lesion tissue distruction
electroencephalogram an amplified recording of the waves of electricity activity sweeping across the brain's surface- measured by electrodes placed on the scalp
positron emission tomography scan (PET) a visual display of activity that detects where a radioactive form of glucose goes while the brain performs a given task
magnetic resonance imaging (MRI) a technique that used magnetic fields and radio waves to produce computer generated images of soft tissues- shows brain anatomy
functional magnetic resonance imaging (fMRI) a technique for revealing blood flow and brain activity by comparing successive MRI scans- shows brain function as well as structure
brainstem oldest part and central core of the brain- begins where spinal cord swells as it enters under the skull-responsible for automatic survival functions
medulla base of brainstem that controls heart beat and breathing
what happens with damage to the medulla life threatening issues, more than likely unable to breath leading to death
pons in charge of sensorimotor (motor area and sensory info coming in) and dreaming
REM sleep rapid eye movements that symbolize dreaming-pons sends info all around the brain so the brains tries to make sense of it in the end creating dreams
thalamus brain's sensory control center, located on top of brainstem-directs messages to the sensory receiving areas in the cortex and transmits replies to the cerebellum and medulla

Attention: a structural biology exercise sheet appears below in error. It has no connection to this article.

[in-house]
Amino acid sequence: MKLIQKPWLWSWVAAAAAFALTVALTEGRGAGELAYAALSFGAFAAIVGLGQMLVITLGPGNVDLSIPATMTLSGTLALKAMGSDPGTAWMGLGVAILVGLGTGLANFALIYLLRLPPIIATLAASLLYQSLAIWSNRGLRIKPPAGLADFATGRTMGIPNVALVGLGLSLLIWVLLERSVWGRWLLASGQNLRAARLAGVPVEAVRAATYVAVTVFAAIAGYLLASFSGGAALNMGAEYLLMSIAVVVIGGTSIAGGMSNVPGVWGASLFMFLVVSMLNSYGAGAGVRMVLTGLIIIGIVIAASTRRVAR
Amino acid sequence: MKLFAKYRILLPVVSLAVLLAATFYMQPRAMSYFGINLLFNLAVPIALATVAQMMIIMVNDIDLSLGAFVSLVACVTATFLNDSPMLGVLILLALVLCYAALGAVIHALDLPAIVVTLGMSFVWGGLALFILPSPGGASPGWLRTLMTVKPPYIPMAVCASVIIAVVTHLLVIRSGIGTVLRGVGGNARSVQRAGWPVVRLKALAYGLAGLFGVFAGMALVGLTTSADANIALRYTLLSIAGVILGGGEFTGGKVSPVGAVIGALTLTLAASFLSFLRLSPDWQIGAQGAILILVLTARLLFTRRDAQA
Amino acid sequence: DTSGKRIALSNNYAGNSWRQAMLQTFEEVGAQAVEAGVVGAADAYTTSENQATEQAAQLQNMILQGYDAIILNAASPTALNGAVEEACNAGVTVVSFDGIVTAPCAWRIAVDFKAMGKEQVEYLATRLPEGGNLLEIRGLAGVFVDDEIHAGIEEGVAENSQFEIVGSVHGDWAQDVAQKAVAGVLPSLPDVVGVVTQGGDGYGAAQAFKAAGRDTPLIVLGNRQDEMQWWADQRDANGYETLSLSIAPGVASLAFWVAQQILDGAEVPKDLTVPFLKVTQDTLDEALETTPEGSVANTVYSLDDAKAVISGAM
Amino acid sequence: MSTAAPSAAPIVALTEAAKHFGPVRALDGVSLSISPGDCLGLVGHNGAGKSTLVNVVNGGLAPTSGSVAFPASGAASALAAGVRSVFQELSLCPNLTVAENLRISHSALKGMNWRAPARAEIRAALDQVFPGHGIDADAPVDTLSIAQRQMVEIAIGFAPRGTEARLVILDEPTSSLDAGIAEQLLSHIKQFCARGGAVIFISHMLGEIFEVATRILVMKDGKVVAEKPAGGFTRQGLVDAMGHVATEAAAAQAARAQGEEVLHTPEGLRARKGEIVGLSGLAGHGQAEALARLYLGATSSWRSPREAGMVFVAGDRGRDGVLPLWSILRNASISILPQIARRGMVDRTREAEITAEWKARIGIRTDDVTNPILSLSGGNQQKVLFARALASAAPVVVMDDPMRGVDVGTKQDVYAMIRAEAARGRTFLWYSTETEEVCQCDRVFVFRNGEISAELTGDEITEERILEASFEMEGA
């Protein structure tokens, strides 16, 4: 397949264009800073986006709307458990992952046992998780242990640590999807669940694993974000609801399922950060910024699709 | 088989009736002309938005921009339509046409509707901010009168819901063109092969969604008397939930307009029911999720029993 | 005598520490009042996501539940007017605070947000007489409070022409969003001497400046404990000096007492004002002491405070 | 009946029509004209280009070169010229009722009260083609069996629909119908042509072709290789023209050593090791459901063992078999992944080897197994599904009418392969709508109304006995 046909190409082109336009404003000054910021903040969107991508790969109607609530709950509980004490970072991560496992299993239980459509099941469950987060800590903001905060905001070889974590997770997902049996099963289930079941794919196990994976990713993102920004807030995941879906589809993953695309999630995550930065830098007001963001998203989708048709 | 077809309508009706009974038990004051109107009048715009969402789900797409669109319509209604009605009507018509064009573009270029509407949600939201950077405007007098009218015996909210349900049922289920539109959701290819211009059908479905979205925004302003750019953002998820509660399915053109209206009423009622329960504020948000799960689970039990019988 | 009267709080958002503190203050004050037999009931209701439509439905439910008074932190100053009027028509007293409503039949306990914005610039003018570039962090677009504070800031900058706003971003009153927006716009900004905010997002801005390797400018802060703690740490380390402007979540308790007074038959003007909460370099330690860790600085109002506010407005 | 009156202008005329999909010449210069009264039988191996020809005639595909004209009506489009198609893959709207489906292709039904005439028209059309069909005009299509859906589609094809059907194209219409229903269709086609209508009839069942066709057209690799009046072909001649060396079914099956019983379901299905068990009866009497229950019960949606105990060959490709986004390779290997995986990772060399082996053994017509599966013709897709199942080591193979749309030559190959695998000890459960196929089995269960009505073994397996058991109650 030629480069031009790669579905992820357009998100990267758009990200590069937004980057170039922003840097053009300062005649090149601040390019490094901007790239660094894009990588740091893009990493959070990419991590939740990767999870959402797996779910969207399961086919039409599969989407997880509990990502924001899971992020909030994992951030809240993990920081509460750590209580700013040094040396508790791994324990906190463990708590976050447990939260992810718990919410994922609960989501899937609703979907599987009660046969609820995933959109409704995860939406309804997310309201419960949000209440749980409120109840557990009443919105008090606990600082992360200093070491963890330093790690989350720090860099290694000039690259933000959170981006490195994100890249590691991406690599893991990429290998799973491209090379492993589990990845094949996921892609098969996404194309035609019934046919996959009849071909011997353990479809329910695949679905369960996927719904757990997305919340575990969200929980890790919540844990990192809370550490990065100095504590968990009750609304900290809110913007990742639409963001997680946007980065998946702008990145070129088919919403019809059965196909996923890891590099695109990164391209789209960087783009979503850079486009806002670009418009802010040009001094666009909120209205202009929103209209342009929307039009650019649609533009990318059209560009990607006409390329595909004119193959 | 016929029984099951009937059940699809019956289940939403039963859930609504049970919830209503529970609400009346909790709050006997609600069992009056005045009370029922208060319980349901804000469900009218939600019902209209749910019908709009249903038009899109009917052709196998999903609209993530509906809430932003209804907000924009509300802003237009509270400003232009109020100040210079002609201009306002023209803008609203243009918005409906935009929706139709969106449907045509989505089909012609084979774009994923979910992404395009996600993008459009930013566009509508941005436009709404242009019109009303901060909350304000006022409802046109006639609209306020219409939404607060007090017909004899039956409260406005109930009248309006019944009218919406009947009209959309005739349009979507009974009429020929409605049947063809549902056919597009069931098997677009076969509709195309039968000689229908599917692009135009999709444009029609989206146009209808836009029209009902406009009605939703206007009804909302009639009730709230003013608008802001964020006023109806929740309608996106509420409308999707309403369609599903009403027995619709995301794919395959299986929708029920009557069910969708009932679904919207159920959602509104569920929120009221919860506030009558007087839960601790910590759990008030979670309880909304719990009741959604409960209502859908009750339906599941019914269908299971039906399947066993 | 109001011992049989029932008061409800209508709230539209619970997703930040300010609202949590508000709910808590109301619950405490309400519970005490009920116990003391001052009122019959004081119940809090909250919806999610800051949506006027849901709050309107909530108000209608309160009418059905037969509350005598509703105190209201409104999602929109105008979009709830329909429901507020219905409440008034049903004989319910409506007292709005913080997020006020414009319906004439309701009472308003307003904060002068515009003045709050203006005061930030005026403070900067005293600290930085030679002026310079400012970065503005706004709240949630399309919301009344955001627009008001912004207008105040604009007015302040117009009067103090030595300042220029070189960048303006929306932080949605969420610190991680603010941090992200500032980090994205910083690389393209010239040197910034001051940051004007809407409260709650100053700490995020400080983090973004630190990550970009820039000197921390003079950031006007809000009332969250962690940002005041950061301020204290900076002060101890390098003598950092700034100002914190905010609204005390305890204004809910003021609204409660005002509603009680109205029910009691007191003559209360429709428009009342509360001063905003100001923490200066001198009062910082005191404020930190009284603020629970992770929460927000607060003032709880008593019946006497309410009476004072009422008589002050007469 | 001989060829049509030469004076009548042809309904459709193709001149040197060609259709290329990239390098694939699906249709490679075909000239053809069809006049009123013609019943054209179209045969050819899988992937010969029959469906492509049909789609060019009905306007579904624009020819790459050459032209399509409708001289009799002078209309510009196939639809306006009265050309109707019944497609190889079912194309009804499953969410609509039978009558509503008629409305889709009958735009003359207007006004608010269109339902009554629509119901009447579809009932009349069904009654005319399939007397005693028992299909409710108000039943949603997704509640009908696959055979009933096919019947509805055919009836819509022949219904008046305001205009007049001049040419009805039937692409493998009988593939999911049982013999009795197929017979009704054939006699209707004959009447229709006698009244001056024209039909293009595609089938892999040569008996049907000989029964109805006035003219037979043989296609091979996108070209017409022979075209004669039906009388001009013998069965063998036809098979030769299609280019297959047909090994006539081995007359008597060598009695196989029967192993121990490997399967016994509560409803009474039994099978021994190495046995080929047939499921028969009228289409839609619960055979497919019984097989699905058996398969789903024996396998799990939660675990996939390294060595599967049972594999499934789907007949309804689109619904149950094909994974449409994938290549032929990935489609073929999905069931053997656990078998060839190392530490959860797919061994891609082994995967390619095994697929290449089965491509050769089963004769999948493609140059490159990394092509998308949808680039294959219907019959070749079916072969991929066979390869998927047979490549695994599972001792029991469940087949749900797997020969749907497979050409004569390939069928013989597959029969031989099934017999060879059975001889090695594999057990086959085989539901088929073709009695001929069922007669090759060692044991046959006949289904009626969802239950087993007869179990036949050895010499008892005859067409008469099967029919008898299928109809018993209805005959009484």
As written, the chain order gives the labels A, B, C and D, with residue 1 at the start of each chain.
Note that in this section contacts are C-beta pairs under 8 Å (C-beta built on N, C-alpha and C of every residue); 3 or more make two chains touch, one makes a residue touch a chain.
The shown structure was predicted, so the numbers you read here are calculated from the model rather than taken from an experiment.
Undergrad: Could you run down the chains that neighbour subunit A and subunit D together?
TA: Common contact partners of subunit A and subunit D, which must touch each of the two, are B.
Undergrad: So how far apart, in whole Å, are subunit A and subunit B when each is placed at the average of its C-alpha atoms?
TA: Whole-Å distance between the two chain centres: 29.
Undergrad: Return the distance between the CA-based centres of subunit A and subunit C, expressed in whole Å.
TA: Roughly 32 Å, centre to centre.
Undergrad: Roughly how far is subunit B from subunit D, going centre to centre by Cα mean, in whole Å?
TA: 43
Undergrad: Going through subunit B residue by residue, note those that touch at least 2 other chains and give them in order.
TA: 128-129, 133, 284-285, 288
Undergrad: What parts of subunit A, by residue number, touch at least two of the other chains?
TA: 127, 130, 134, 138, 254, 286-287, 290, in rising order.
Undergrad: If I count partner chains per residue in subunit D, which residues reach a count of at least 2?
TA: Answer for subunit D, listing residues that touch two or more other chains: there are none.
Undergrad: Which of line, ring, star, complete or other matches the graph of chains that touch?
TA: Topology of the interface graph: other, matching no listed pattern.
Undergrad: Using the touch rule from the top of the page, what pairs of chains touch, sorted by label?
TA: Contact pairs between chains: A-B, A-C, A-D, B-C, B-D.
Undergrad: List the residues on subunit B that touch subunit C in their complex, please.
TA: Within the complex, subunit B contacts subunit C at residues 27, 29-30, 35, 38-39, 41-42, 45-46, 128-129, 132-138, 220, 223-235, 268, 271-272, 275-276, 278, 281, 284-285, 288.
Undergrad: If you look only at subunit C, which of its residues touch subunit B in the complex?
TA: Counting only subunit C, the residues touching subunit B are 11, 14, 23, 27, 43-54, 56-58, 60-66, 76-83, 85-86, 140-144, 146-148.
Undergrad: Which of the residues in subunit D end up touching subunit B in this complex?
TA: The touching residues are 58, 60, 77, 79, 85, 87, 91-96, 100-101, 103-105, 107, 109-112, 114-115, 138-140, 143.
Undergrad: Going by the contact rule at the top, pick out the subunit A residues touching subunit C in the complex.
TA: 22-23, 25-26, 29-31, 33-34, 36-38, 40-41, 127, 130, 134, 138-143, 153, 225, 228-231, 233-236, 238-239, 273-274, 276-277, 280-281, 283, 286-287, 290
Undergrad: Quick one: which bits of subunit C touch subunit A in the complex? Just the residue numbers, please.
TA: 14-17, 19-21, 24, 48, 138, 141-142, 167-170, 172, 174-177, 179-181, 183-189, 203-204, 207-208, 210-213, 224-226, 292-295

reticular formation nerve network that travels through the brainstem into the thalamus and plays an important role in controlling arousal
cerebellum "little brain" at the rear of the brainstem-functions include processing sensory input, coordinating movement output and balance, and enabling nonverbal learning and memory
2 things cerebellum important for posture and muscle memory
limbic system neural system located below the cerebral hemispheres associated with emotions and drives-very selfish part of the brain
amygdala two lima-bean-sized neural clusters in the limbic system that are linked to emotion- panic button of the brain, fear center, activated with negative emotions
hypothalamus lies below thalamus and directs several maintenance activities, helps govern endocrine system via the pituitary gland, linked to emotion and reward-often controls fight or flight and sexual behavior
hippocampus neural center located in the limbic system in the temporal lobes that helps process explicit memories for storage-remembers facts and experiences long term
cerebral cortex intricate fabric of interconnected neural cells covering the cerebral hemispheres- body's ultimate control and info processing center
why is the cerebral cortex wrinkled the more wrinkled, the more surface area which means more cortex. This is good because it is the most advanced portion of the brain
4 lobes parietal, frontal, temporal, occipital
frontal lobe located in the front of the forehead, involved in planning, moral judgements, and motor movements-also controls limbic system
where do things occur in frontal lobe most advanced cognitive functions occur in the front versus the back
temporal lobe lies above the ears and is involved in hearing and memory-hippocampus is located in here too
occipital lobe lies at the back of the head and includes areas the receive information from the visual fields
parietal lobe portion of the cerebral cortex lying at the top of the head and toward the rear that receives sensory input for touch and body position-brings different senses together and contains a map of the body here
place where all 5 senses come together no where in the brain- typically only 2 come together at one time
motor cortex an area at the rear of the frontal lobes that controls voluntary movements
somatosensory cortex area at the front of the parietal lobes that registers and processes body touch and movement sensations